The first part of the book covers the 1908-1961 years. It’s shorter because Betty doesn’t have her own memories of these years but it’s an important part to root the family tree in its history. Landon’s Cherokee roots mean that he comes from a culture with a matriarchal tradition and a history of violence as his elders hid in the wilderness to avoid deportation to Oklahoma. Alka comes from a Bible abiding family with a history of domestic violence and no respect for women.

Alka and Landon have eight children: Leland, Fraya, Yarrow, Waconda, Flossie, Betty, Trustin and Lint. Yarrow and Waconda died before they were two. Betty’s story is centered around her and her sisters Fraya and Flossie. They father told her:

“In different native tribes, the Three Sisters represent the three most important crops. Maize, beans, and squash. The crops grow together as sisters. The oldest is maize. She grows the tallest, supportin’ the vines of her younger sisters. The middle sister is beans. She gives nitrogen and nutrition to the soil, which allows her sisters to grow resilient and strong. The youngest is squash. She is the protector of her sisters. She stretches her leaves to shade the ground and fight off weeds. It is squash’s vines which tie the Three Sisters together in a bond that is the strongest of all. This was how I knew I’d have three daughters, even after Waconda died. Fraya’s the corn. Flossie is the beans. And you, Betty, are squash. You must protect your sisters as squash protects the corn and beans.”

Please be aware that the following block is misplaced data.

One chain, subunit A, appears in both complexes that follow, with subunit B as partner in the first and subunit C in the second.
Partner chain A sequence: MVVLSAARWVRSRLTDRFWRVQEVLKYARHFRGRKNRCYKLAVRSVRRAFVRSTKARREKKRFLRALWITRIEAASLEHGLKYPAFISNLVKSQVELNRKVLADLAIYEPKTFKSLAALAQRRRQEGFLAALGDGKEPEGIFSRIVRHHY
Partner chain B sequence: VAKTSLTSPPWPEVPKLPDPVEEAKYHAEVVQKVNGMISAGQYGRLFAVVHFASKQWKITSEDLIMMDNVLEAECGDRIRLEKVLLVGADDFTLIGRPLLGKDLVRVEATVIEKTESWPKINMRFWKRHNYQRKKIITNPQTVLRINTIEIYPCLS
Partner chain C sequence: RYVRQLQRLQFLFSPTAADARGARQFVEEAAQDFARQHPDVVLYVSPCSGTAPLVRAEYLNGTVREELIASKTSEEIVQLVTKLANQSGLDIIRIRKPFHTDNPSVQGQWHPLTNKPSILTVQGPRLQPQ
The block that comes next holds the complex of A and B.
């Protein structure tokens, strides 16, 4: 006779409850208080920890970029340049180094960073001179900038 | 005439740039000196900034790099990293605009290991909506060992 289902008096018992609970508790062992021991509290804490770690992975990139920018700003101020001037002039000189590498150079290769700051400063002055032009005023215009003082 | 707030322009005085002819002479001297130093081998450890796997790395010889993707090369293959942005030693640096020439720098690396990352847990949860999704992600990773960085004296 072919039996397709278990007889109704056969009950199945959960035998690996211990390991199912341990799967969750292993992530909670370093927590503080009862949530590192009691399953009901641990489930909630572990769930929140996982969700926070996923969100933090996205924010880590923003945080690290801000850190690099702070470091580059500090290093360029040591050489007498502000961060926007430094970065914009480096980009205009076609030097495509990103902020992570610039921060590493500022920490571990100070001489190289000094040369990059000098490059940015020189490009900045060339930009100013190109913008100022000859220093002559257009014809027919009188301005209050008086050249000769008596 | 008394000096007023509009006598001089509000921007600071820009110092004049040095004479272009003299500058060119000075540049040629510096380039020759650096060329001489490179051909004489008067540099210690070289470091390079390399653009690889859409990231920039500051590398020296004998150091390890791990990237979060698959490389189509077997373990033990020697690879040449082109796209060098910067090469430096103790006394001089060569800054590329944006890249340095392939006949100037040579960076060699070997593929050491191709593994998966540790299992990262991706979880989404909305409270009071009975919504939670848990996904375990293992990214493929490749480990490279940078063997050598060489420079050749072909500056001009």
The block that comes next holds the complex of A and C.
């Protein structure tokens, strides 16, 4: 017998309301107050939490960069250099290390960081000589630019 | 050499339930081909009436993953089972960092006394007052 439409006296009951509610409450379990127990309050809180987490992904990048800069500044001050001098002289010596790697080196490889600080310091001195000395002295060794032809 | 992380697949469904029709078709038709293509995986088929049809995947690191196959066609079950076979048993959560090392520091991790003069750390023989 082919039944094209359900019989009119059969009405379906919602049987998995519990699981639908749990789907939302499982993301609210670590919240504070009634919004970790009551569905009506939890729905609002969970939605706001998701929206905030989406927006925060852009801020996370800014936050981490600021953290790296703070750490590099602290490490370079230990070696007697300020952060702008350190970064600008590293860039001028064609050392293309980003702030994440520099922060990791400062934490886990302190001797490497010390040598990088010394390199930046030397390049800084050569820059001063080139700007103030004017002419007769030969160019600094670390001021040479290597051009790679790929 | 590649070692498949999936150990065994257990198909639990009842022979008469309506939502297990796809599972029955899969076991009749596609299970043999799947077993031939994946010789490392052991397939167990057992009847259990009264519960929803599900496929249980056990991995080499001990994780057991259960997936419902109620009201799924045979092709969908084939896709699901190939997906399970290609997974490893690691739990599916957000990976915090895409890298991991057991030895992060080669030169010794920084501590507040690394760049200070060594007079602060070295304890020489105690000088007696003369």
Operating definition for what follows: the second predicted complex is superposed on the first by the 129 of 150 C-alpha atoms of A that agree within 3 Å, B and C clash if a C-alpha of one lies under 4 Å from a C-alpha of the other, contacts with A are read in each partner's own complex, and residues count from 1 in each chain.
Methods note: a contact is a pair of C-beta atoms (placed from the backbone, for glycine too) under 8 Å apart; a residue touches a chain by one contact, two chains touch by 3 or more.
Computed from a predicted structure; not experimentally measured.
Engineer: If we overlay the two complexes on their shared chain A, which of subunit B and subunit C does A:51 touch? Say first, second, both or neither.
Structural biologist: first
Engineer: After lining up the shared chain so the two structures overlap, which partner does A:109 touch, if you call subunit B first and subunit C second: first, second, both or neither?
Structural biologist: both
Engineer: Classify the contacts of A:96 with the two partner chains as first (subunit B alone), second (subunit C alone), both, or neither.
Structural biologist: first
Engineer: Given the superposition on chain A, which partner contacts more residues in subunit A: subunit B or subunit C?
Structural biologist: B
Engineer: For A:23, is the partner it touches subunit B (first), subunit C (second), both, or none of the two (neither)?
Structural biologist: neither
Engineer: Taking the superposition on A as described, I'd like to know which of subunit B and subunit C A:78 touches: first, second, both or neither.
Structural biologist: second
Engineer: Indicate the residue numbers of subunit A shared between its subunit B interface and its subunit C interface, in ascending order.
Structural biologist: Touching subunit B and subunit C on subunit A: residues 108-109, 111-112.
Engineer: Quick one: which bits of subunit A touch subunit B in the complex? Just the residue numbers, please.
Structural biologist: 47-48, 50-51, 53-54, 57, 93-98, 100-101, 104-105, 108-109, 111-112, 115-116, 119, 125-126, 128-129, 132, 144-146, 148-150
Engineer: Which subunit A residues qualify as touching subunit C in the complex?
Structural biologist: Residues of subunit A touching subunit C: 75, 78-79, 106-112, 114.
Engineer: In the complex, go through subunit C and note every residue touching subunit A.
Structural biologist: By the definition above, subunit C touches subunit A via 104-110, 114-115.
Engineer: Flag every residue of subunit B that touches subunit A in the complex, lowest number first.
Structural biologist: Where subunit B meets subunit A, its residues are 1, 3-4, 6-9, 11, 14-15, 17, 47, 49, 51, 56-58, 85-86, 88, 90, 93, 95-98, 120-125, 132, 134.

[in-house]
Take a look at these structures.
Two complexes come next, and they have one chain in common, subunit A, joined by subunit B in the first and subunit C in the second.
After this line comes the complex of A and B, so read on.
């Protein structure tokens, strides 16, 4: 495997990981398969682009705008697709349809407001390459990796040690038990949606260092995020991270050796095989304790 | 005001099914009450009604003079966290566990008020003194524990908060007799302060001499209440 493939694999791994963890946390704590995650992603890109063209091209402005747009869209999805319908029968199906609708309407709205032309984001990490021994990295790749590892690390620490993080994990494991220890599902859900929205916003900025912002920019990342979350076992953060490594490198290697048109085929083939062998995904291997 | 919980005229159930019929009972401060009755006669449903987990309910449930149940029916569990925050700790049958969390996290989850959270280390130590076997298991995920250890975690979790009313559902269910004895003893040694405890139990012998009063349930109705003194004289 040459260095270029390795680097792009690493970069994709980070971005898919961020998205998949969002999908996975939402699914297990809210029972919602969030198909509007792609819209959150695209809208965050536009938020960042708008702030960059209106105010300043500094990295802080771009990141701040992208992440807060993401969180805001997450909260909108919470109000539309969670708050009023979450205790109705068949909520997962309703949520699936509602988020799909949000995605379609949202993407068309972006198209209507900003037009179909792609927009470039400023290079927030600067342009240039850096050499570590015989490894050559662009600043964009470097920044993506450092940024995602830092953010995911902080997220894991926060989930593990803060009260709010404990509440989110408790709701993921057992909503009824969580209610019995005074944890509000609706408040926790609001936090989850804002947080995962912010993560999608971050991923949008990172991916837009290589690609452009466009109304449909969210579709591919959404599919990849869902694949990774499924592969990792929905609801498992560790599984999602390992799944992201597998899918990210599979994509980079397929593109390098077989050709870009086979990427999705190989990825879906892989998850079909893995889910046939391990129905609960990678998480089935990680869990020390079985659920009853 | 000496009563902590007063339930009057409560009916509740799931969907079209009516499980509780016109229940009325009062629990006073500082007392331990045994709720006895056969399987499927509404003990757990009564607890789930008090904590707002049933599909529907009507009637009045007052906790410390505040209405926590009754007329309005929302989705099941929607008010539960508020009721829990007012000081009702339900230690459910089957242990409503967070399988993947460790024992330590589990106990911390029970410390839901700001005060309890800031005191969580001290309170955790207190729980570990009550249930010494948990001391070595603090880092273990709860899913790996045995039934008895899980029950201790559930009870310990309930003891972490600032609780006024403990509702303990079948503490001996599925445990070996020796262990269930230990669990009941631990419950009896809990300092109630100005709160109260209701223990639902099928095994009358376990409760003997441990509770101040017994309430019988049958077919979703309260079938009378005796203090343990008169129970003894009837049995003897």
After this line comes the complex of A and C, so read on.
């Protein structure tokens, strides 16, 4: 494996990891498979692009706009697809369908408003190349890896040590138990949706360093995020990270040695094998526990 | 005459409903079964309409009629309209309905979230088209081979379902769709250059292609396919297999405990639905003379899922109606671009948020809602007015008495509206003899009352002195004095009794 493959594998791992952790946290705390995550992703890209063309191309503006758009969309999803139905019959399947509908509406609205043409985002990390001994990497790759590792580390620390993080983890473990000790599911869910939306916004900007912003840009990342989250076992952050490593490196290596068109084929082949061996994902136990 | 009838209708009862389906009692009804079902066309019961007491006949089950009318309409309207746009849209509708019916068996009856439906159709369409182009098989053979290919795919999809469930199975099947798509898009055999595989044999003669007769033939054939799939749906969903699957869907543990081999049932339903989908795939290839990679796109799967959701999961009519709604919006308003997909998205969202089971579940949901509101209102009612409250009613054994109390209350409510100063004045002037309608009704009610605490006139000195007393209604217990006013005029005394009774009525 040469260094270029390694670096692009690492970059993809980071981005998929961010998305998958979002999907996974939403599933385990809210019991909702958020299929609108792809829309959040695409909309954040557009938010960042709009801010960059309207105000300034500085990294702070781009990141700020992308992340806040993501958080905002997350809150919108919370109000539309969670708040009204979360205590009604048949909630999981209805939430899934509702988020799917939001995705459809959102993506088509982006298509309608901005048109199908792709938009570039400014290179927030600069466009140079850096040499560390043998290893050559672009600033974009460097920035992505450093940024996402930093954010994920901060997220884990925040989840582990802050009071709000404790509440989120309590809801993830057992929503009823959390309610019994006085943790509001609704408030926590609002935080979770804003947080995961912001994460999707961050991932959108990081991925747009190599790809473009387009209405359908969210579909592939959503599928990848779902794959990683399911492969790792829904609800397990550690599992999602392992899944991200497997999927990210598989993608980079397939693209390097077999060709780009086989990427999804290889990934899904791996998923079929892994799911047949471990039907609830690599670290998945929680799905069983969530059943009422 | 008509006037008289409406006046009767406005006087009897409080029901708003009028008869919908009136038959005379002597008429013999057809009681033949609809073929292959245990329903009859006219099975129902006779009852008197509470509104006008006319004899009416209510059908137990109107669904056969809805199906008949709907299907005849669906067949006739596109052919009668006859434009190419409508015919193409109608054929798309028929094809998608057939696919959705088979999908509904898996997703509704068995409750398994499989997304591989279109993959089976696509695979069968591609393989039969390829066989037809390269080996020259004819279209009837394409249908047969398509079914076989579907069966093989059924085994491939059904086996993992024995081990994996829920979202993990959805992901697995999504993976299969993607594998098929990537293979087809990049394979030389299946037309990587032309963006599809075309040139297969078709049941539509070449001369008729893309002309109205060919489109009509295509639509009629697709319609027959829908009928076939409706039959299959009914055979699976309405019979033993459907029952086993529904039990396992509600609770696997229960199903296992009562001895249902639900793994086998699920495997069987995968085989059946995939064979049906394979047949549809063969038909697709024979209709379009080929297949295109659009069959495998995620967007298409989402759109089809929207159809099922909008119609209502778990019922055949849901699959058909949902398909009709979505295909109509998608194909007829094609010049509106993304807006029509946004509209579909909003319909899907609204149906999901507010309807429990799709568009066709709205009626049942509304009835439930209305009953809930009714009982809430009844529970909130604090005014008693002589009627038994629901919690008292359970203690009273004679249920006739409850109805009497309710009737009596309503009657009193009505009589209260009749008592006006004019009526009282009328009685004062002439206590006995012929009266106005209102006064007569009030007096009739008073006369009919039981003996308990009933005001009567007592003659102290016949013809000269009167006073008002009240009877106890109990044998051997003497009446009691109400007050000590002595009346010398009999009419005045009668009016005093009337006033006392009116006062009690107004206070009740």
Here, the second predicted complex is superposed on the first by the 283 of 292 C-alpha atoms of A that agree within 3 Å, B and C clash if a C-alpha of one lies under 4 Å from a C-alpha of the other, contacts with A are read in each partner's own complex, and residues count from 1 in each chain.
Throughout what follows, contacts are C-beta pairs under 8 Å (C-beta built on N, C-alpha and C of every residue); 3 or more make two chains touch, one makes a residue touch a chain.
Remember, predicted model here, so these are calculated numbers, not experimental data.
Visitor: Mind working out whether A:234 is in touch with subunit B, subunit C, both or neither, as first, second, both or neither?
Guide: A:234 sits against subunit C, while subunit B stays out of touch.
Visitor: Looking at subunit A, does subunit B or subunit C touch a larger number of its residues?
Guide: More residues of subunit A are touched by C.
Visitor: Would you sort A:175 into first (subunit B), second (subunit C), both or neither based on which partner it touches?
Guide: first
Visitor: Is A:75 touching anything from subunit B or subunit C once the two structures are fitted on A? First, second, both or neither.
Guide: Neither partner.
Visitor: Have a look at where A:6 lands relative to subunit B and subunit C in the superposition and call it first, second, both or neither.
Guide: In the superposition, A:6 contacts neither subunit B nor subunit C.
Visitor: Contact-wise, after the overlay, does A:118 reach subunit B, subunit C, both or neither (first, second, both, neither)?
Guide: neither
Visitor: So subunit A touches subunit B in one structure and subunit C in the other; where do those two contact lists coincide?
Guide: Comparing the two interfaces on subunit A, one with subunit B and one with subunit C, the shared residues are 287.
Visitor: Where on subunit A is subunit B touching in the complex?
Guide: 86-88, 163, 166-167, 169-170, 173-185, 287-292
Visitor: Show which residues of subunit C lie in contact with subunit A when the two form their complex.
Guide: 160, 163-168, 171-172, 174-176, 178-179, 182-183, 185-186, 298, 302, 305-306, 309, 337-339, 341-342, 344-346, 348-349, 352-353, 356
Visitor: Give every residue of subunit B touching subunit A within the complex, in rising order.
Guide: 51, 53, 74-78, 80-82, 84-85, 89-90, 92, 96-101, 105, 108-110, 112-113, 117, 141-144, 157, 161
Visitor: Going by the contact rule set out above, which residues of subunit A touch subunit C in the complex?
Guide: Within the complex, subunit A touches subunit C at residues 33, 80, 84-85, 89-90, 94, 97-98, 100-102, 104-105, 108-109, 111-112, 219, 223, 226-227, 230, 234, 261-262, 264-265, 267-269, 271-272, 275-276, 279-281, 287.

A tall order for Betty, who becomes the custodian of the family stories. Her mother tells her about her personal tragedy. She witnesses Fraya’s horrible fate and the two sisters share Fraya’s secret. She knows about Flossie’s dirty secrets too. A resilient child, Betty understands that women and men don’t have the same opportunities in life.

I realized then that pants and skirts, like gender itself, were not seen as equal in our society. To wear pants was to be dressed for power. But to wear a skirt was to be dressed to wash the dishes.

Betty is an ode to generation of women who had to live through discrimination due to their race, their gender or their social status. And sometimes the three at the same time, like Betty who was ostracized and bullied in school because of her Cherokee physique, her poverty and her gender. Telling Alka’s, Fraya’s and Flossie’s tragic lives is a way to keep them alive and tell the world that their lives mattered. The three of them were captive of a man around them, their father, their brother or their husband. Alka explains to Betty: